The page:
PV: And you paint and sculpt to keep yourself busy in the off hours, right?
TM: Well, I’m not making any pottery. It’s just kind of abstract, it’s whatever comes out. And I don’t really have an intention with it, because I don’t really have any skills at it – I just like doing it. So I’ve never taken any art lessons or anything. But it keeps your mind open and creative, and it’s just a hobby of mine. And it’s the one artistic thing that is just mine, not for the world.
PV: You and your key co-writer – Reckless guitarist Ben Phillips – are not a romantic couple, though, right?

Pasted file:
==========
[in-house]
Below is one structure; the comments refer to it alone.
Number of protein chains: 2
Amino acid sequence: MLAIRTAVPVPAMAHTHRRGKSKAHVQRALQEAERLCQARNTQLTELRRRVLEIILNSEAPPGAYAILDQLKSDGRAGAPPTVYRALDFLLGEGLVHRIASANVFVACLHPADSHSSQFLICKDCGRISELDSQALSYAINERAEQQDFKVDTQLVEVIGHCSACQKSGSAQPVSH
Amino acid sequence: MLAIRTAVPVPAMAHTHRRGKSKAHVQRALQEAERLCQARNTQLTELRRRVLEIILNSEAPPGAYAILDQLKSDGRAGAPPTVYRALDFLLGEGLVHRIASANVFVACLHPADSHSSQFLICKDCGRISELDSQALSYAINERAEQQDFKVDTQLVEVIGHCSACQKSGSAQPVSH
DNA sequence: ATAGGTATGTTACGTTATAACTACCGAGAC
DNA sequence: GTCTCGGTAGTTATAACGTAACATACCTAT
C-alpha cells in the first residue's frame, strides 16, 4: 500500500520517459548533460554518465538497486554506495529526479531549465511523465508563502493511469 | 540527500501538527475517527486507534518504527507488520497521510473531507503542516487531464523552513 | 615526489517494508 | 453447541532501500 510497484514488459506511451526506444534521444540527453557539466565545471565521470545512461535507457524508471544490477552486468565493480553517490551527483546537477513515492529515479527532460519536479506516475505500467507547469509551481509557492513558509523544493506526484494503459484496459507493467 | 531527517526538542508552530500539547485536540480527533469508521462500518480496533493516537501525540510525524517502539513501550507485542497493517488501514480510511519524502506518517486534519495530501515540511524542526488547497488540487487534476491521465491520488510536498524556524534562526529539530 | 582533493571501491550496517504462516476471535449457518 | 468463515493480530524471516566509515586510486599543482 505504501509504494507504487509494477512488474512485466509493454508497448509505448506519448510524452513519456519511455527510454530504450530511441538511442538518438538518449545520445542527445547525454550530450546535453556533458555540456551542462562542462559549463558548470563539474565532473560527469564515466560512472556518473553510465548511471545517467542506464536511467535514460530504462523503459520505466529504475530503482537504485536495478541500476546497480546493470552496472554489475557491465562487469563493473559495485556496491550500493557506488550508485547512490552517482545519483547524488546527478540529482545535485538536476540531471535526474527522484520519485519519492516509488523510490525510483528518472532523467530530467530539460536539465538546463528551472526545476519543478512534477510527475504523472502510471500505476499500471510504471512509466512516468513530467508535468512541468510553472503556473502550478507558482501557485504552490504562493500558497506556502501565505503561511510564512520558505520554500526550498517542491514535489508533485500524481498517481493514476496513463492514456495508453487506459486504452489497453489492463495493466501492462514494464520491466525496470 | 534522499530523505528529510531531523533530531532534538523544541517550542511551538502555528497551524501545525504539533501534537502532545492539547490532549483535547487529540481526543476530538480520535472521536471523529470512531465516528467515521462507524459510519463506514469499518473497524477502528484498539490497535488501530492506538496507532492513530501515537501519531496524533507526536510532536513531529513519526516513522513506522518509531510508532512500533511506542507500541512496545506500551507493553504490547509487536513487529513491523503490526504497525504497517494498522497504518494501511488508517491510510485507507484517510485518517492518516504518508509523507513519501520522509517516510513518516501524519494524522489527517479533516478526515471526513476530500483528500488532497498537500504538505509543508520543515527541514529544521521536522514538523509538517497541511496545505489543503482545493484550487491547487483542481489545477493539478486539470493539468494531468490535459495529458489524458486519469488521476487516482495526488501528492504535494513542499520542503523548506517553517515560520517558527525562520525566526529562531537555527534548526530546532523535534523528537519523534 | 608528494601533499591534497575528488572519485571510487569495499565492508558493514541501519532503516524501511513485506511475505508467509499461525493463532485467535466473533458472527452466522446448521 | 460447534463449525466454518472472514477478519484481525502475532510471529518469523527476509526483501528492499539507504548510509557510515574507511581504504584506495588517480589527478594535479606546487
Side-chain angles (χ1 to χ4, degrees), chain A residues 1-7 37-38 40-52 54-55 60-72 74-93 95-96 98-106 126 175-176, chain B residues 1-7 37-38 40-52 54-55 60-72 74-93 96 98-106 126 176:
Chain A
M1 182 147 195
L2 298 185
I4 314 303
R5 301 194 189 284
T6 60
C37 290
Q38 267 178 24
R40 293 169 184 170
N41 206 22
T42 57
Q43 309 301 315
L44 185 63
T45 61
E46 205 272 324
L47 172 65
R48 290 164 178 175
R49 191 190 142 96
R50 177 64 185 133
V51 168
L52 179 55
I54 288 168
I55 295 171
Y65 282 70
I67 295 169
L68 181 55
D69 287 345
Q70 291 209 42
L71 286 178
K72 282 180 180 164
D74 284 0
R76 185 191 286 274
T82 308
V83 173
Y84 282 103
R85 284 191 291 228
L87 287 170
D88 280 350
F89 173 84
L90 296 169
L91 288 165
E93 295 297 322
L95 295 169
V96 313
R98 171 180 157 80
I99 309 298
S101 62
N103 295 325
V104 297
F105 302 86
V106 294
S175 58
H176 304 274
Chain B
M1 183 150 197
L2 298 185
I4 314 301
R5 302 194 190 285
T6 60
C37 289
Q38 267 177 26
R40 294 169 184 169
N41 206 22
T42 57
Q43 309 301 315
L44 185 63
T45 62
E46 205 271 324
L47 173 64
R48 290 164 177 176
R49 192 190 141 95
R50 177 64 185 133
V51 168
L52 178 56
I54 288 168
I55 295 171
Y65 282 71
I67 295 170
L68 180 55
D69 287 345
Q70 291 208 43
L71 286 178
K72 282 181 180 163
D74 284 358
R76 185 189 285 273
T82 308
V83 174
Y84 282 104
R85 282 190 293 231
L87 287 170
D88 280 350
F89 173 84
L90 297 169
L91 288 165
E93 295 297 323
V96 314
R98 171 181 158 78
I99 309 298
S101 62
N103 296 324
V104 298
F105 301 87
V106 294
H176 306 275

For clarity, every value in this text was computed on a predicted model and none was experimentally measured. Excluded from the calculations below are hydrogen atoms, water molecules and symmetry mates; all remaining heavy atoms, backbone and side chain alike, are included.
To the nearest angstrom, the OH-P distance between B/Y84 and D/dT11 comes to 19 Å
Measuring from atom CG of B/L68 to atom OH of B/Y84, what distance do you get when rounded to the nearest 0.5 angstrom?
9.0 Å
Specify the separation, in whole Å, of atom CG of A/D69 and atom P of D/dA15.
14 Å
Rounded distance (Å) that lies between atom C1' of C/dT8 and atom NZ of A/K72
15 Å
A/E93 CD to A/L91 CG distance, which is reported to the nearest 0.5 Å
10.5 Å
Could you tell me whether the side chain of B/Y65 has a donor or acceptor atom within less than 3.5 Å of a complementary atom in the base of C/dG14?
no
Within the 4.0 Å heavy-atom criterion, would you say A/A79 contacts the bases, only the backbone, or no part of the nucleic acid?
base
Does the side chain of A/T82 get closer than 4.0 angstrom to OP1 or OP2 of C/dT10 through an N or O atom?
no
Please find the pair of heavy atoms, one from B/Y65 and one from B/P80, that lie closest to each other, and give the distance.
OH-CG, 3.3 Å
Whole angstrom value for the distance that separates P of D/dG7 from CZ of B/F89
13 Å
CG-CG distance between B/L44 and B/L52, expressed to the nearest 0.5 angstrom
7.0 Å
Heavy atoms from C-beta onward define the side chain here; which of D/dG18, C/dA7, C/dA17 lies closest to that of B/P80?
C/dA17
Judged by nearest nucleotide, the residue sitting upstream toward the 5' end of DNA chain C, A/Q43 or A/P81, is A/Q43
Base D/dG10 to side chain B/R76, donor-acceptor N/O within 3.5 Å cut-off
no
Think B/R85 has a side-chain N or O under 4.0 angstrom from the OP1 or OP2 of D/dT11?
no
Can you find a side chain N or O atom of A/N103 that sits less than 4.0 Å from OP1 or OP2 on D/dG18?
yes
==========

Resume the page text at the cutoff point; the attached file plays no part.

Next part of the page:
TM: No, we’re just partners. I’m still chillin,’ totally single.
PV: But you went through a dark, existential crisis leading up this record. Were you depressed?

TM: Well, it’s not depression. It’s more “What do I do next?” More just a question of trying to redefine yourself and figuring out how to grow. So I don’t have clinical depression or anything – I’m just talking about life, and how it has its ups and downs, and you use that as a tool in your writing. And touring is weird. This sort of life – if you haven’t done it, it’s hard to explain it, because you live in this bubble, so the outside world becomes this thing that doesn’t exist. And you get off the road, off tour, and then it hits you again. When you get home, you sit down, and you’re left with this giant hole. Like, “Who am I now? I’m two years older, and I’m just sitting here alone, wondering who I am.”
PV: What was your breakthrough epiphany for “Who You Selling For”?